It’s Friday, and I’d usually be posting a “What I’m Reading” post, but I’m putting that on hold this week. I’m still reading the books from last week and didn’t want to post the same thing twice.
This post is inspired by not posting my Reading post. Before 2022 started, I made a commitment to myself that I’d post every Monday, Wednesday, and Friday.
That was my goal.
I came up with a whole blogging plan from that goal–the schedule, the series of posts, and even the blog templates. It worked brilliantly until today.
I saw it coming on Wednesday. There was no way I was going to finish those books by today. I had three options: (1) rush through the books and lose any kind of enjoyment in them, (2) Skip the post, or (3) come up with a new post that was helpful and not just so I could cross it off my list.
I Am a Planner
Goals are destinations. They are the prize we get for doing all the hard work, for sticking it out. Plans are how we get to the goal.
I use this thinking to plan out my stories in advance. My characters have clear, solid goals. The world I set them in, the other players, and their own history help set the heroes’ plan/route to successfully attaining their goal.
But sometimes, like my outline for Running the Asset, another route opens up as the writing gets underway. In these circumstances, having a detailed plan could sound like a waste of time… it’s not. Having a plan allows for the exploration of different story avenues. It shuts down others immediately because, having gone through the planning, you know they have nothing to do with the goal. Decision making time about what routes to go down is cut right down.
So, How Does this Relate to this Post?
I had a goal for today–get a helpful post out today and not just filler. One of the three options (skipping the post) was cut out straight away as it went against my goal. Rushing through the read was not helpful to me and not helpful to anyone looking for book recommendations. So, the only option was to write this post.
How to Set a Solid Goal
Goal setting is one of those things I used to struggle with. I did all the Tony Robbins CDs, read all the self-help books on it, but I still got nowhere. It wasn’t until I read H. R. D’Costa’s Sizzling Story Outlines that I finally got it. In that book, she shares that the business world uses SMART goals.
A SMART Goal is…
S – specific (it’s a solid thing like losing 10lbs)
M – measurable (the scale says you lost 10lbs or you didn’t)
A – actionable (you have a clear set of steps to achieve it)
R – realistic (you can actually accomplish this goal)
T – time-bound (lose 10lbs in three months).
Once you have a solid goal like the one above, you’ve got a roadmap, a decision-making tool to help you reach your destination. You know that to lose those 10lbs in three months that you shouldn’t have that extra cookie; you know that you need to workout.
But that’s where the beauty of planning comes in. Planning allows you to be flexible, helps you to come up with alternatives, fast. Yes, you need to workout, but you get to choose how you do it. You get to analyse whether running is the best way to accomplish your goal. Maybe you had an ankle injury (this is me!), and running is no longer an option… you might decide that an elliptical trainer is a way to go as it’s low impact.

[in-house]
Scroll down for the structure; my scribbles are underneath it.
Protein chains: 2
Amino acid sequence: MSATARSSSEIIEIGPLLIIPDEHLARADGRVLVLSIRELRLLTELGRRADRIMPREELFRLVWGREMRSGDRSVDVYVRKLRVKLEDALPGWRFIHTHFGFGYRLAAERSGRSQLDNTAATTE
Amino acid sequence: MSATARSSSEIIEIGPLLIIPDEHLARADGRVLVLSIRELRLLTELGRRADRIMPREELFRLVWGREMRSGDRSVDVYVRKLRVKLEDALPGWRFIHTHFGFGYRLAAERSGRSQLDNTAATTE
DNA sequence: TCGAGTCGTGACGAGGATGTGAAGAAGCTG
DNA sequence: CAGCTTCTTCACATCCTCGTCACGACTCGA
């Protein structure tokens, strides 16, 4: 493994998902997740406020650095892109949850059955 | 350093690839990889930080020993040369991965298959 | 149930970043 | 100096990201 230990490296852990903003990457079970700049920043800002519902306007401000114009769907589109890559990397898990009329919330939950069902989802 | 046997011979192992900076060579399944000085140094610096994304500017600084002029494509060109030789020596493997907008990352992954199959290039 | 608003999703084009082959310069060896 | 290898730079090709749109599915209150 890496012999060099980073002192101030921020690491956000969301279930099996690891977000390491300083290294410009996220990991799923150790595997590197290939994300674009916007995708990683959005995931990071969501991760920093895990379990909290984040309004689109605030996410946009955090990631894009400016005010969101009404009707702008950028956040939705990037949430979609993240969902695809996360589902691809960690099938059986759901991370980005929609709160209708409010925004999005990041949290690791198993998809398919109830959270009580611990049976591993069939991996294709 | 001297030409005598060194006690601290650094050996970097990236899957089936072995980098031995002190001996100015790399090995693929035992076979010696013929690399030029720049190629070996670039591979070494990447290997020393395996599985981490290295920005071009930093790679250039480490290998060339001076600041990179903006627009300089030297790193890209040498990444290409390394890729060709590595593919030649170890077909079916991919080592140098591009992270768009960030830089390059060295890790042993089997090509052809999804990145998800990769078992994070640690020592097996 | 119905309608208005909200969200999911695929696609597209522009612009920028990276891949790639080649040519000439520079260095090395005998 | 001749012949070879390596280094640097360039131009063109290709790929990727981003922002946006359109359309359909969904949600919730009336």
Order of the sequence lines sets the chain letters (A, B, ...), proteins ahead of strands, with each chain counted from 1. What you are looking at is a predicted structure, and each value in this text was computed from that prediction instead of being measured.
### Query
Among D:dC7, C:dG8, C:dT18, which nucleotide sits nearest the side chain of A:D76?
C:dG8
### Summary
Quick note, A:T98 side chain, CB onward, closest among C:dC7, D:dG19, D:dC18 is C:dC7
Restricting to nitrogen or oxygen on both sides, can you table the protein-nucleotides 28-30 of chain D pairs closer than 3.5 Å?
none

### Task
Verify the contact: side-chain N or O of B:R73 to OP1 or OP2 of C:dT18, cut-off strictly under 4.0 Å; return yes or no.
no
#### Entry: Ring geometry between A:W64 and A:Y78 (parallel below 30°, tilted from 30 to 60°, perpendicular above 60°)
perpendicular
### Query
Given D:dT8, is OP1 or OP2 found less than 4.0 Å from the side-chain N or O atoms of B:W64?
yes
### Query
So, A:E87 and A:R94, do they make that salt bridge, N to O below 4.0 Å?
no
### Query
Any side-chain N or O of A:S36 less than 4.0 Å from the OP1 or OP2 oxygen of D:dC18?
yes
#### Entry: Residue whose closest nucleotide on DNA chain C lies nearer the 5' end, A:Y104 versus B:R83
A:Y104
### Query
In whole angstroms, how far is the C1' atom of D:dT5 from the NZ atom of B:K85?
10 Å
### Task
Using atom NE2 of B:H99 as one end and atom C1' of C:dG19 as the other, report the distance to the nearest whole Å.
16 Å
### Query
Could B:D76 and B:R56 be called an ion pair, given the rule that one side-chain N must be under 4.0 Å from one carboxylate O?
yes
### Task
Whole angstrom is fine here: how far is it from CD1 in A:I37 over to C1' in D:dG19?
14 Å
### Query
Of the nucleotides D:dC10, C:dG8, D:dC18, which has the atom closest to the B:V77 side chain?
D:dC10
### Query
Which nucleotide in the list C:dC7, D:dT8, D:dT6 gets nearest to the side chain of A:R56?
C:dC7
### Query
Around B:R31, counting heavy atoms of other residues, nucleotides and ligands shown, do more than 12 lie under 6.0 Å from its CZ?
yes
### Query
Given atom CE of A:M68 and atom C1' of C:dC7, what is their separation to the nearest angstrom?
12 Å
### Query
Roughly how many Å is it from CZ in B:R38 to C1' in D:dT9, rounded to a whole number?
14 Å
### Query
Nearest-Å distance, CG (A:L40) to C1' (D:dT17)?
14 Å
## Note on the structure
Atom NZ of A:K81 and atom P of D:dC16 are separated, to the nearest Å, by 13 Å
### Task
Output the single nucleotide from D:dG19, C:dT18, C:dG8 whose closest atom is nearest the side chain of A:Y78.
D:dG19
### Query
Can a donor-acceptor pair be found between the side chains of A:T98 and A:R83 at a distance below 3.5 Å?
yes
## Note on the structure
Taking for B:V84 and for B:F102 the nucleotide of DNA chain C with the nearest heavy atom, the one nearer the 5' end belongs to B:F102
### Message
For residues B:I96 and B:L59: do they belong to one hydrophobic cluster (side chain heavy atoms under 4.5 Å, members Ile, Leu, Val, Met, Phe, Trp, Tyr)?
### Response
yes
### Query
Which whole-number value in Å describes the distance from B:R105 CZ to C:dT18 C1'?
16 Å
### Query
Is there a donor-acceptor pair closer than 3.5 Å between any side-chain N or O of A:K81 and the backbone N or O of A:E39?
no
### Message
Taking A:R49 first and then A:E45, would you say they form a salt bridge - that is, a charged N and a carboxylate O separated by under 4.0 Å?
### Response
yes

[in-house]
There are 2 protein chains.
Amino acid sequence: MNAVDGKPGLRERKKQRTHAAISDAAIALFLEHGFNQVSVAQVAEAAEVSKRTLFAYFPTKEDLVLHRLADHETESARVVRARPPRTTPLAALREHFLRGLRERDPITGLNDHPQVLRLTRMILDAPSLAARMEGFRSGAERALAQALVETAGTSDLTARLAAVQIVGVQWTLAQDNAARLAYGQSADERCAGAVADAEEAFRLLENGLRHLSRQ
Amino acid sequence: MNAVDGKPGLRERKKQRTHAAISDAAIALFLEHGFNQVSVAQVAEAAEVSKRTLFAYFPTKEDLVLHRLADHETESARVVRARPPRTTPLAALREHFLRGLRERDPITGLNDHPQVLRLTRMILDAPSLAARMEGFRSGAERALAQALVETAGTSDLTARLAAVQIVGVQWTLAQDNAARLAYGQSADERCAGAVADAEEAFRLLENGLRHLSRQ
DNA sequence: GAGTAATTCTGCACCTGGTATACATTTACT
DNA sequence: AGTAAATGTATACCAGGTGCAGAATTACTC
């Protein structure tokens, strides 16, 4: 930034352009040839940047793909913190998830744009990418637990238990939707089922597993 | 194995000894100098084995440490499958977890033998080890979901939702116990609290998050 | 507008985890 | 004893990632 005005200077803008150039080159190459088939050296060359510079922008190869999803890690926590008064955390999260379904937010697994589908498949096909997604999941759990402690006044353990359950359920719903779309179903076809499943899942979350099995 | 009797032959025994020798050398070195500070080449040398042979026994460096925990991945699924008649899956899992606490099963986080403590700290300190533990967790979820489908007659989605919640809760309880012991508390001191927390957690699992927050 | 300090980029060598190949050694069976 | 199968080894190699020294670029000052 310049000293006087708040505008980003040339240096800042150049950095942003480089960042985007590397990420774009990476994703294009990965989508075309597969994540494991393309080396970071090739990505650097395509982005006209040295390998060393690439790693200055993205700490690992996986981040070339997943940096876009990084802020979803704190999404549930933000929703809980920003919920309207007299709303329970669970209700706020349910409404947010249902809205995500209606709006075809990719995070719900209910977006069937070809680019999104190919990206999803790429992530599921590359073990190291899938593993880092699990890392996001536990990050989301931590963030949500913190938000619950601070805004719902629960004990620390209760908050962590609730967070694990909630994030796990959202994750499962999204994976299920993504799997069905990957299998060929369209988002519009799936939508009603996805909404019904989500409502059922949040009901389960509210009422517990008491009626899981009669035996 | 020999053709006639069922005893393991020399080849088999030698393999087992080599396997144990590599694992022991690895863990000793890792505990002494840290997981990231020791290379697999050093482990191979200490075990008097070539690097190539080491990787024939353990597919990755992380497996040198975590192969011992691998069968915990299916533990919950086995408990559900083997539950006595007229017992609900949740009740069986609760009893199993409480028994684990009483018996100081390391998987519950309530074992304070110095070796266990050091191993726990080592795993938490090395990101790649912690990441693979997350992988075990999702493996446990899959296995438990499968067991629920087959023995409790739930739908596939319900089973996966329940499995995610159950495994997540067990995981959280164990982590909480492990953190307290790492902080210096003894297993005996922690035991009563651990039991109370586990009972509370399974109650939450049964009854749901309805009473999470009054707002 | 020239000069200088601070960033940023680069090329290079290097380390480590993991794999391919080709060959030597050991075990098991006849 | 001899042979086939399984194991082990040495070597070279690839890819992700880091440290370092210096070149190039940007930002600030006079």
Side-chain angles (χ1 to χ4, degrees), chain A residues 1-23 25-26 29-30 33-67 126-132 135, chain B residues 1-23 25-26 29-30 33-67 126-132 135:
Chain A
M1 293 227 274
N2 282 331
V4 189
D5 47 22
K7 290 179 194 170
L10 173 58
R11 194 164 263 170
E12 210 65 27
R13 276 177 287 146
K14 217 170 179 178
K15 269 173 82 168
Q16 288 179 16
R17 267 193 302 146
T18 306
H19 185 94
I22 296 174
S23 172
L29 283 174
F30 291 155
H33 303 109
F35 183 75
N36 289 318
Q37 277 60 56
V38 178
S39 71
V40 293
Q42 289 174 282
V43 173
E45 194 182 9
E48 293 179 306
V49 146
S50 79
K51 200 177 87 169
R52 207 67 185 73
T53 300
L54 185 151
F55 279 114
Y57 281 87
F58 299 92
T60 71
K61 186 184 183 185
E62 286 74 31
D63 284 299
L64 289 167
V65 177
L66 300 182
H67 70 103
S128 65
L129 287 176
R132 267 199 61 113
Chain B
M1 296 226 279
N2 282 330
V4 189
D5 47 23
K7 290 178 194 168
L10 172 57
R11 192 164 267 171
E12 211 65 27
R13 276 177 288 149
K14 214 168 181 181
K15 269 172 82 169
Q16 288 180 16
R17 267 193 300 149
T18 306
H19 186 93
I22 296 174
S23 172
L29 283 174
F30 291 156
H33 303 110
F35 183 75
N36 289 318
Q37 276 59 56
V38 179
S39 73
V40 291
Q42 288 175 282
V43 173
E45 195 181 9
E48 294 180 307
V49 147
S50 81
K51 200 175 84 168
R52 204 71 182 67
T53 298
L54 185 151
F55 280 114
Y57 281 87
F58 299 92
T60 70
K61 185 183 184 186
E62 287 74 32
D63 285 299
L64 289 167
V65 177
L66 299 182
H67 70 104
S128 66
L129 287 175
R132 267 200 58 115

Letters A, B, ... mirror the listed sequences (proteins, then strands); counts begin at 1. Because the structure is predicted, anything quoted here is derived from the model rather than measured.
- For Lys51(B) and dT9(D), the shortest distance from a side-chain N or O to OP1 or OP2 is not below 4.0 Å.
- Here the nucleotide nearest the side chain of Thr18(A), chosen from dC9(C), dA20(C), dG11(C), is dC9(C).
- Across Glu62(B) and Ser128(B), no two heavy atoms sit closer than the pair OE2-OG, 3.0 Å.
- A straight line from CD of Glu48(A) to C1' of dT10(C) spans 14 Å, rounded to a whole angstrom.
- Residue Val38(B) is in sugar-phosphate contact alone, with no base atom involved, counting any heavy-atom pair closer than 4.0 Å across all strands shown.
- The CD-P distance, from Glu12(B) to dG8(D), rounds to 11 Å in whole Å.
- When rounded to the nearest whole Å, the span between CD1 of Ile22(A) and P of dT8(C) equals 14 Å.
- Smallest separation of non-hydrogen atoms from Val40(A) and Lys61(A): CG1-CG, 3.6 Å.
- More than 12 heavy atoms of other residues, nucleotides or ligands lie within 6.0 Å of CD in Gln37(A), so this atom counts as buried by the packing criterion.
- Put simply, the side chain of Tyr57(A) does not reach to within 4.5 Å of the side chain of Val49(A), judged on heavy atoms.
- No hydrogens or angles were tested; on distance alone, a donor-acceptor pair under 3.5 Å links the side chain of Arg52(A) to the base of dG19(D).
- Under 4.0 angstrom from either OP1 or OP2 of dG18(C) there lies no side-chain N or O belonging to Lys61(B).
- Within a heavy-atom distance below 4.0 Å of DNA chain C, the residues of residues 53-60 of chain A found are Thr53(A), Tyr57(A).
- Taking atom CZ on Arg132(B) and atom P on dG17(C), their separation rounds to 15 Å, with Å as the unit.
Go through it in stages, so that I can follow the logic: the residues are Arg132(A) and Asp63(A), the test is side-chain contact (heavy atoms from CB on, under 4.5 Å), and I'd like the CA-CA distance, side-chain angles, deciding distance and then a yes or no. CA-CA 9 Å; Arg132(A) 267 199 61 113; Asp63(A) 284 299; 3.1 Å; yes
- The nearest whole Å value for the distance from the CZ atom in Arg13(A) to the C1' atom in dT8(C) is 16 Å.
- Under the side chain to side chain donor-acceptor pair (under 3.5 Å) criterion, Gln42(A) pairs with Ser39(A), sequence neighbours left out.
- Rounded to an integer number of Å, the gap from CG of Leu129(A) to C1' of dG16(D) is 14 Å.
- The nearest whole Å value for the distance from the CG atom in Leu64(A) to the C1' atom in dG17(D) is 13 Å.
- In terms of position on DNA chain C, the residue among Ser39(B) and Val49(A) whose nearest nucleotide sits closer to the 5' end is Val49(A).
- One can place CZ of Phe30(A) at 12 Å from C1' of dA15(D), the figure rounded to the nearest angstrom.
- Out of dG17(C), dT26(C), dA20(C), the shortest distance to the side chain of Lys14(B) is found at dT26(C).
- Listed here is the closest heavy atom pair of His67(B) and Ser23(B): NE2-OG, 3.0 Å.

No matter if you’re a meticulous planner or a broad strokes planner, if you have a solid goal you’ll always find your route to success.
How Do You Plan or Not Plan?
Are you a planner in your daily life? What benefits have you found? What methods do you use to reach your goals if you’re not a planner?
Thanks for reading; I’ll be back with a new “What I’m Reading” post next Friday. See you soon!
7 thoughts on “Plans Aren’t Set in Stone — But Goals Should Be”
Oh yes, SMART objectives. I remember them well from a former life in performance management. It seems (it was) so long ago, but I goals and plans were essential. Outside of work I’ve always been a planner too – how else would we have got to South Africa? But…big but, when it comes to story-telling, nah. I have ideas, but I let the characters the work and carry the story forward. We kinda know where we’re going and we sorta plan for the end before we get there, but for me and fiction, planning always falls apart. It’s weird, because I’m such a control-freak in ‘real life’. But everyone’s different, and what works for one writer doesn’t for another. We’re definitely chalk and cheese when it come to our writing, Susan!
I think without plans and goals I’d still be fumbling around in the dark trying to get things done.
As for writing, yeah, we walk different roads. Neither of which is right or wrong, just right for us. (My guys are all ex-military like me, so we like having a plan–no matter how vague–or well, things go boom when they shouldn’t 😄 )
Best to have a plan int that case!
Definitely a planner, but I learned I needed to be flexible because life has a way of throwing curve balls on a regular basis.
👍 It’s a harsh lesson to learn, but once learnt you have the ability to bend when you never thought it was possible.
Stefanie Neumann: liked this. via twitter.com